There’s good news and bad news in a new media relations practices survey of more than 1,700 journalists and editors.
First, the good news: More than 90% of respondents say they rely on public relations for some of their story ideas.
The bad news: Nearly 60% say the relevance of the materials they receive comes up short, citing it as their top problem with PR.
The survey, which was sponsored by Bulldog Reporter
and Cision, contains some interesting information. Here’s a sample:
• Some 45% of journalists report that the communications professionals they work with don’t understand which subjects they cover.
• Nearly 27% say communications professionals don’t understand the subjects they are pitching.
• More than 30% report they cannot find information they need on corporate websites, and nearly 32% specifically say they can’t find the name and/or telephone number of a communications professional on the corporate website.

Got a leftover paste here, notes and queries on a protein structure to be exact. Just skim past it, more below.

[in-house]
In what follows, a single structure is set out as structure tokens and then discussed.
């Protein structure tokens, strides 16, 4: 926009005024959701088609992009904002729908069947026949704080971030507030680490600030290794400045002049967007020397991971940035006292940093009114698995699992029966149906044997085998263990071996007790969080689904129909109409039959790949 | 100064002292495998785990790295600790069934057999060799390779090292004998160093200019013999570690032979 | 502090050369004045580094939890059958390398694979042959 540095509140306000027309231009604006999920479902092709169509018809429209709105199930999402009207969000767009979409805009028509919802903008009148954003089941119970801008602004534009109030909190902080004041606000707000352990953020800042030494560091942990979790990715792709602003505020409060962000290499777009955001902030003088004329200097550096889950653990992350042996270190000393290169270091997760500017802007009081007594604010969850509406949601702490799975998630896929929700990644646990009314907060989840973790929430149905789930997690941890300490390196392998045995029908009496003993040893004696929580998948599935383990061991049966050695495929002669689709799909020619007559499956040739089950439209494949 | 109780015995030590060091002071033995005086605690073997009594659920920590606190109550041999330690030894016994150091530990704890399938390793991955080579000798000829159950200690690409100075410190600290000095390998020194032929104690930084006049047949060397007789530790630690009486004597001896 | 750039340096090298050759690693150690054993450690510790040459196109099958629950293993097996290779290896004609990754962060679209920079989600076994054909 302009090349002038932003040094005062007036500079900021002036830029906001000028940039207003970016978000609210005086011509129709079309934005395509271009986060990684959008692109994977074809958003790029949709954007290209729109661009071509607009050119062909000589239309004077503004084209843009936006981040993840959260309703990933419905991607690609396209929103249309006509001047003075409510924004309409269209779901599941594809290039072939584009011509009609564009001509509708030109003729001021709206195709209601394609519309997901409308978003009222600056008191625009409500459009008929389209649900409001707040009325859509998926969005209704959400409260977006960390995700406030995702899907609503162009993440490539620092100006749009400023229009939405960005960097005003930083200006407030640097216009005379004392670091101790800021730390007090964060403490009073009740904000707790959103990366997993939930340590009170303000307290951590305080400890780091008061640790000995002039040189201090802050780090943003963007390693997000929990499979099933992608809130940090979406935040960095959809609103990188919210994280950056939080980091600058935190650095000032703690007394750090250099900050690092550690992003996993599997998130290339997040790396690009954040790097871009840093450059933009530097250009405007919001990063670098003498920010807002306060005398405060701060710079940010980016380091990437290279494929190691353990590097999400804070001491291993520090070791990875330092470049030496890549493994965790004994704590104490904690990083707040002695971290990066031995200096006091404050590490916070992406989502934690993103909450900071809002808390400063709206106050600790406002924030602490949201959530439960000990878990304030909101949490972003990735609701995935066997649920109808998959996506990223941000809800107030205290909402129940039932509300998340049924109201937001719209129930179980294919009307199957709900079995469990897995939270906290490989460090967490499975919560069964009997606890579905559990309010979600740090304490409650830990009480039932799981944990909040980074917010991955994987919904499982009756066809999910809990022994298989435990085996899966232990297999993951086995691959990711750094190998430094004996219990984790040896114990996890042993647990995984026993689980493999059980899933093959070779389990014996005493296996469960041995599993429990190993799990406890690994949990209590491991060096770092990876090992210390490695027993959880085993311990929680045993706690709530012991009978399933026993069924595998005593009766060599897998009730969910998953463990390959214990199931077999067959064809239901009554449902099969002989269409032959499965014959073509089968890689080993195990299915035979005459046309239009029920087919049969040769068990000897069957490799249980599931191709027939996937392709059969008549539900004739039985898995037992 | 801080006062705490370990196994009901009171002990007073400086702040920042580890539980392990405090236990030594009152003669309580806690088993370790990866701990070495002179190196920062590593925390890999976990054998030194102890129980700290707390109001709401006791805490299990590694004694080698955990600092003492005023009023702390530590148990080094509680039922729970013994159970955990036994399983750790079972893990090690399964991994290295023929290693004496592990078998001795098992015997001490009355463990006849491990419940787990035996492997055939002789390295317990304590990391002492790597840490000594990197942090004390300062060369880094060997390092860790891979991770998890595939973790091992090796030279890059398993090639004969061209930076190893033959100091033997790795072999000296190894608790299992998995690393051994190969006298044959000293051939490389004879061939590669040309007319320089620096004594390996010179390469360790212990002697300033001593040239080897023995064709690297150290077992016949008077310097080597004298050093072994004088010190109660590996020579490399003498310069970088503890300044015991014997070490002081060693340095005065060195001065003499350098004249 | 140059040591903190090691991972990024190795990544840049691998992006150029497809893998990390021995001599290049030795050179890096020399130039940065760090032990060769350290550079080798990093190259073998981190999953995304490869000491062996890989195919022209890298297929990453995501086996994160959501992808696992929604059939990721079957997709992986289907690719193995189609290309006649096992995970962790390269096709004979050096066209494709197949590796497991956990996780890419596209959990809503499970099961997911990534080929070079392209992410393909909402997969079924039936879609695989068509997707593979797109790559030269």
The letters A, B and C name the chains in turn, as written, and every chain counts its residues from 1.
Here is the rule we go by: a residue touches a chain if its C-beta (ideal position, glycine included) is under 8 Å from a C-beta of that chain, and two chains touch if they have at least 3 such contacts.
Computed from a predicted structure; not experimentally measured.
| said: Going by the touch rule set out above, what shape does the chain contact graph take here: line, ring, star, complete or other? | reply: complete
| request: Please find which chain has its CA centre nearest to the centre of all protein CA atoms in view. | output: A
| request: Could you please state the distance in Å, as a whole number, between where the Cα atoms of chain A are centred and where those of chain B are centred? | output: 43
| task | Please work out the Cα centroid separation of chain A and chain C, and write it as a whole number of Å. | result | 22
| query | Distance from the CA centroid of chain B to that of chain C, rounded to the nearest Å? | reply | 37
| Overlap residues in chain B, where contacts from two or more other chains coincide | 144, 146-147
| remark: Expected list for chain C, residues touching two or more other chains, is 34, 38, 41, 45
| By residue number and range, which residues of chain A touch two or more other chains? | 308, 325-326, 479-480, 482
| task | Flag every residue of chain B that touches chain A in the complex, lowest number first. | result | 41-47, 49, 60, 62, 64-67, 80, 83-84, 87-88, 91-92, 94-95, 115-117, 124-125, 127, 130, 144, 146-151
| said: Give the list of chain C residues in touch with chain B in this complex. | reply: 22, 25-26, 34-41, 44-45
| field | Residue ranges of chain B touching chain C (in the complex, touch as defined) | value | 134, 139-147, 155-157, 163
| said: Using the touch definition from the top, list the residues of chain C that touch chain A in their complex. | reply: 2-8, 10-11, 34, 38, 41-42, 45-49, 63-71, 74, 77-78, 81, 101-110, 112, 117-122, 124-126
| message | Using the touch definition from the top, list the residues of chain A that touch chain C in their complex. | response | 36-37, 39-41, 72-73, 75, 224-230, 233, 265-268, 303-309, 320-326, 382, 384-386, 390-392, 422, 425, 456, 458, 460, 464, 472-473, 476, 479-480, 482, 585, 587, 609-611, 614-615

While these are embarrassing stats for PR professionals, they’re also fairly easy to correct. Learn as much as possible about a specific subject before contacting the reporter covering it, educate yourself on the subject you want to pitch, and then make it easy for reporters to contact you.
If you’ve ever had difficulty finding your way around a city and wondered why there wasn’t better signage, you’ll get an idea of the frustration a busy journalist experiences when trying to find what he or she needs on your ad agency’s or client’s website.
Take a few minutes to visit your site as if you’ve never been there before – how easy is it to find your way around? Then ask some other people outside your company to do the same thing. You may find your website needs a bit of work to make it more journalist friendly. Not a big deal to fix, but the payoff could be great.
Don Beehler provides public relations consulting services to small- and medium-sized advertising agencies and businesses.